Is Capitalism in Crisis?
As we enter year five of the global economic recession, is it fair to say that capitalism is in crisis? What, if any, are the alternatives? A Nobel laureate and a federal judge weigh in.
What's the Latest Development?
Nobel laureate in economics and professor at the University of Chicago, Gary Becker does not agree that capitalism is in crisis. Rather, he says, government is in crisis. Despite the existence of regulatory agencies, banks and mortgage lenders ran amok. Now, says Becker, the government must double down on regulation, insisting that banks hold more cash as a buffer against future crises and that mortgage lenders require a larger down payment so that borrowers have more 'skin in the game'.
What's the Big Idea?
Jurist and U of Chicago lecturer, Richard Posner agrees with Becker but takes a wider view of the future of capitalism. He worries that the pace of technological advance will continue to aggravate wealth inequality, since technology concentrates wealth in the hands of those who own the technology, while workers replaced by machines lose their income. Posner thinks capitalism parallels the competition inherent in Darwinian biology and would lament government policy that, by leveling the playing field, would reduce the economy's efficiency.
Photo credit: shutterstock.com
Swipe right to make the connections that could change your career.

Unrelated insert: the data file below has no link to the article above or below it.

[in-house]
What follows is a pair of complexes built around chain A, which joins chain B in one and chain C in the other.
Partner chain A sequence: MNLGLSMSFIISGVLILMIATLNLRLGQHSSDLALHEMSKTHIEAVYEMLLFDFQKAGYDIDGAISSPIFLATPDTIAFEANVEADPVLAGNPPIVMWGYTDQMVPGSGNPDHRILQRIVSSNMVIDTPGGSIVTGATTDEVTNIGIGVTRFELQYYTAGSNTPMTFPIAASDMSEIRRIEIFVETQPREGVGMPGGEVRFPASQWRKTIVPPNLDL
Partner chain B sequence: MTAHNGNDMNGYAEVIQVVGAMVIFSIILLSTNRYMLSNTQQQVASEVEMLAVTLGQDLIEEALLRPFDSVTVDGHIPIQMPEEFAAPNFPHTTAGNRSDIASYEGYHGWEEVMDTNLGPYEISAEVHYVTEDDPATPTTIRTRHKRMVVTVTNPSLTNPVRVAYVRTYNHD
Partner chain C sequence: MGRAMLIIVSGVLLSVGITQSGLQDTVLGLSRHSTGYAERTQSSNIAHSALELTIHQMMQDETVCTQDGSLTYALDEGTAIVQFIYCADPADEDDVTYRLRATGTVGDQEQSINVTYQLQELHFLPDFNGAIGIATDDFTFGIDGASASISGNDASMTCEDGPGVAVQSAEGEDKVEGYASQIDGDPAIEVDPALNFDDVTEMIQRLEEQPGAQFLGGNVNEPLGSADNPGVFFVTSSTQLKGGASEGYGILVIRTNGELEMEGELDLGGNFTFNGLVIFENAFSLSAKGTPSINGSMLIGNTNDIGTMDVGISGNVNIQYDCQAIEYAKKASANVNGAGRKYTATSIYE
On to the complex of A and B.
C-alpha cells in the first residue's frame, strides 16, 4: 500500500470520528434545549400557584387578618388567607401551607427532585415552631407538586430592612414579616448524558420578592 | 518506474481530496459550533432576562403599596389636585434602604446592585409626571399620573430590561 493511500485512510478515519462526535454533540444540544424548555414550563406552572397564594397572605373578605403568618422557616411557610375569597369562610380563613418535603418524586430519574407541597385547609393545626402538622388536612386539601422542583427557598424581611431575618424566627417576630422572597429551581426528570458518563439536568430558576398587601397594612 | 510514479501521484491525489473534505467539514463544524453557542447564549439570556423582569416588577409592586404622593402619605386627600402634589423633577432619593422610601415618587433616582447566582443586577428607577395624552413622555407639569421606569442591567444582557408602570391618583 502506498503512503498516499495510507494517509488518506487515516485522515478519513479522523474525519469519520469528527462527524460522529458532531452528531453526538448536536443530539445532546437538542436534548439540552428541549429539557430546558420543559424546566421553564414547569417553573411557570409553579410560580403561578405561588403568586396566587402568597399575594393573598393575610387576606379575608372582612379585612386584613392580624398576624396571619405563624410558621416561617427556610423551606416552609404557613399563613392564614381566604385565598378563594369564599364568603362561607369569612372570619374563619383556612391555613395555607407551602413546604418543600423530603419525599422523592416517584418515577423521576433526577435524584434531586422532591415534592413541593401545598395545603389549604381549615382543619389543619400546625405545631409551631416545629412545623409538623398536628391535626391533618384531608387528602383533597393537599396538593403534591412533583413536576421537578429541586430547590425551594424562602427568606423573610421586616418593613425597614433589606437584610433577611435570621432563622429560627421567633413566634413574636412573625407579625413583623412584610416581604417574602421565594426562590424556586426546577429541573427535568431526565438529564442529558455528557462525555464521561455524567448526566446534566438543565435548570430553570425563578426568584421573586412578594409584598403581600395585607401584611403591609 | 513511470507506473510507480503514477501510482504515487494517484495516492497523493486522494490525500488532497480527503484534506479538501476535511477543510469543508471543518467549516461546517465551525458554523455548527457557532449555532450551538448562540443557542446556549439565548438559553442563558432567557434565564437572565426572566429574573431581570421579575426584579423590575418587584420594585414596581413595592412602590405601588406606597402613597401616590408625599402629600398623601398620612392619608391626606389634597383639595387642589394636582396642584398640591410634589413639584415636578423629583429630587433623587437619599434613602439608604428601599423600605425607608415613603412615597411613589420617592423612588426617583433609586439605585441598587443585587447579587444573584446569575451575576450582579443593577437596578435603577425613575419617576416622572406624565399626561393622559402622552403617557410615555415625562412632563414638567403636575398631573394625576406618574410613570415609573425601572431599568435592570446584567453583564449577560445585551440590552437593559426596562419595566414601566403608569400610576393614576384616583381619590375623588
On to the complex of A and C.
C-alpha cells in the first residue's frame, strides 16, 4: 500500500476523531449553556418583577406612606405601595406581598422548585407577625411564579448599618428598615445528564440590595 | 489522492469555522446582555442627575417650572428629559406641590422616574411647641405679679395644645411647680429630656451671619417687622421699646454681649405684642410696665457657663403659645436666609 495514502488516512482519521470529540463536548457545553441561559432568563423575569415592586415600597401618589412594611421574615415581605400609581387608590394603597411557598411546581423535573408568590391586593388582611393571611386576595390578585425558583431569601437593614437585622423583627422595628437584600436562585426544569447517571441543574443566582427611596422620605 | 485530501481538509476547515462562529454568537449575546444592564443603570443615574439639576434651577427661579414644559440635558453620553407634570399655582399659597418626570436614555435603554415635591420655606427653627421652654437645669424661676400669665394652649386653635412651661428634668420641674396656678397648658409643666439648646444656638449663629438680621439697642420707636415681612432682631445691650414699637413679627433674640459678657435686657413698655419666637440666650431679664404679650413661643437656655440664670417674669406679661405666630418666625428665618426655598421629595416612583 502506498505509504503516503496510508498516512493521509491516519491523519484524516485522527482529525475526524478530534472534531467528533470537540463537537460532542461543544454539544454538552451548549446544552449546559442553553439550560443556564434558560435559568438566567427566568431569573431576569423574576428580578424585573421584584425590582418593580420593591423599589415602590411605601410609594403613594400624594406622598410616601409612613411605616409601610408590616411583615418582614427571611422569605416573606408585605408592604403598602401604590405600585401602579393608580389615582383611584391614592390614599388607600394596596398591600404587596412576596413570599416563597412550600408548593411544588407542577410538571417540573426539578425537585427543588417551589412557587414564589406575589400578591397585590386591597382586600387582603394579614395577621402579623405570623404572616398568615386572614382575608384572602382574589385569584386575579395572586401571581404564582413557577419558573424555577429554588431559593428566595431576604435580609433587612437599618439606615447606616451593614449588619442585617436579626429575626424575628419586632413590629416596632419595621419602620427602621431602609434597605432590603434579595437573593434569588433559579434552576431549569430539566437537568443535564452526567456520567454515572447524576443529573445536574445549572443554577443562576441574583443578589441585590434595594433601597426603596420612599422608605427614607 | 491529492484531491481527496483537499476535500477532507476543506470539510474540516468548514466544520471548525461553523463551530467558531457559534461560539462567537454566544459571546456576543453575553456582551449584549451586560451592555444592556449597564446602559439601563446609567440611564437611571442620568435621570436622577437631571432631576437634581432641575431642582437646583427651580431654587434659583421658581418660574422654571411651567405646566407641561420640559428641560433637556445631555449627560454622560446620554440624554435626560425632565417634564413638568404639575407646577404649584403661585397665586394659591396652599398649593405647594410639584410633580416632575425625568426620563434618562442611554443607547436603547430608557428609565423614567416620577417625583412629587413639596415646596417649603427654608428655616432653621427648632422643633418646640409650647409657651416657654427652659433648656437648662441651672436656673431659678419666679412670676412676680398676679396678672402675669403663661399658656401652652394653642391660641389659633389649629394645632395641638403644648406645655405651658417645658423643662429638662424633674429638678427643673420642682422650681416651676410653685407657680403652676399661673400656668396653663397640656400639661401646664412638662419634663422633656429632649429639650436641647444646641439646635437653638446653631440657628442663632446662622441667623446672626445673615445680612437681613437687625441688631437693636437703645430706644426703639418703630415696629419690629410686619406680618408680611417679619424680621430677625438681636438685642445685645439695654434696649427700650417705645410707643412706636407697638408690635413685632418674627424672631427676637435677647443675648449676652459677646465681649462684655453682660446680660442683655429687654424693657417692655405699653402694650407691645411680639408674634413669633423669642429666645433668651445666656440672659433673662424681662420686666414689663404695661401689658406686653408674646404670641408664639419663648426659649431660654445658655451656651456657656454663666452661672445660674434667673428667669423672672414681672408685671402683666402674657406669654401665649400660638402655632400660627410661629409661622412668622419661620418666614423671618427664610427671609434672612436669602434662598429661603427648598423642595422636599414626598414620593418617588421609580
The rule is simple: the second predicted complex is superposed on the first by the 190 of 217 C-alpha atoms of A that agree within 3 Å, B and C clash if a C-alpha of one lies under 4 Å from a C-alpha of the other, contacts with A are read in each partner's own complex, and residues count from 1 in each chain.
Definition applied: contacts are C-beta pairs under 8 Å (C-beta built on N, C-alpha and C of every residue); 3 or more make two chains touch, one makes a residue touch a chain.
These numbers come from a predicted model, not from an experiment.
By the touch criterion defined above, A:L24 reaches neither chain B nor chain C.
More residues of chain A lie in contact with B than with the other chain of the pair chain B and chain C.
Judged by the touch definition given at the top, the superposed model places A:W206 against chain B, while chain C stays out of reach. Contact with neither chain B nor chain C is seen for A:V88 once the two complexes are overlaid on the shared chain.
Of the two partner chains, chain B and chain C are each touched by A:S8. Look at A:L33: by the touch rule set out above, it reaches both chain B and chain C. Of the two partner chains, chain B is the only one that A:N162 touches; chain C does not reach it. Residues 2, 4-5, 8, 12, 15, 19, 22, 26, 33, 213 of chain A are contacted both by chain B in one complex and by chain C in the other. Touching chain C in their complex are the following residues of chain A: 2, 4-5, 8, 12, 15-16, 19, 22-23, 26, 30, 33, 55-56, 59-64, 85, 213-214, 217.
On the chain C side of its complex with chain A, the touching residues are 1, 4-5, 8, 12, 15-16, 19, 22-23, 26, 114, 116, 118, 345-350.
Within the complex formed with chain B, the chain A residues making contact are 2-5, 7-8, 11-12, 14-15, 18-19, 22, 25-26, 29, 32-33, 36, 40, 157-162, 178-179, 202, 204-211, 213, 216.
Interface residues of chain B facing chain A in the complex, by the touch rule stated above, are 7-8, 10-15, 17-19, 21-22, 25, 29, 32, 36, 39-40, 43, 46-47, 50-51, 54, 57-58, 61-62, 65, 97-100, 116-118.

Swipe right. Match. Meet over coffee or set up a call.
No, we aren't talking about Tinder. Introducing Shapr, a free app that helps people with synergistic professional goals and skill sets easily meet and collaborate.
Cosmologists propose a groundbreaking model of the universe using string theory.
- A new paper uses string theory to propose a new model of the universe.
- The researchers think our universe may be riding a bubble expanded by dark energy.
- All matter in the universe may exist in strings that reach into another dimension.
Evolution doesn't clean up after itself very well.
- An evolutionary biologist got people swapping ideas about our lingering vestigia.
- Basically, this is the stuff that served some evolutionary purpose at some point, but now is kind of, well, extra.
- Here are the six traits that inaugurated the fun.
For Damien Echols, tattoos are part of his existential armor.
- In prison Damien Echols was known by his number SK931, not his name, and had his hair sheared off. Stripped of his identity, the only thing he had left was his skin.
- This is why he began tattooing things that are meaningful to him — to carry a "suit of armor" made up the images of the people and things that have significance to him, from his friends to talismans.
- Echols believes that all places are imbued with divinity: "If you interact with New York City as if there's an intelligence behind... then it will behave towards you the same way.".
SMARTER FASTER trademarks owned by The Big Think, Inc. All rights reserved.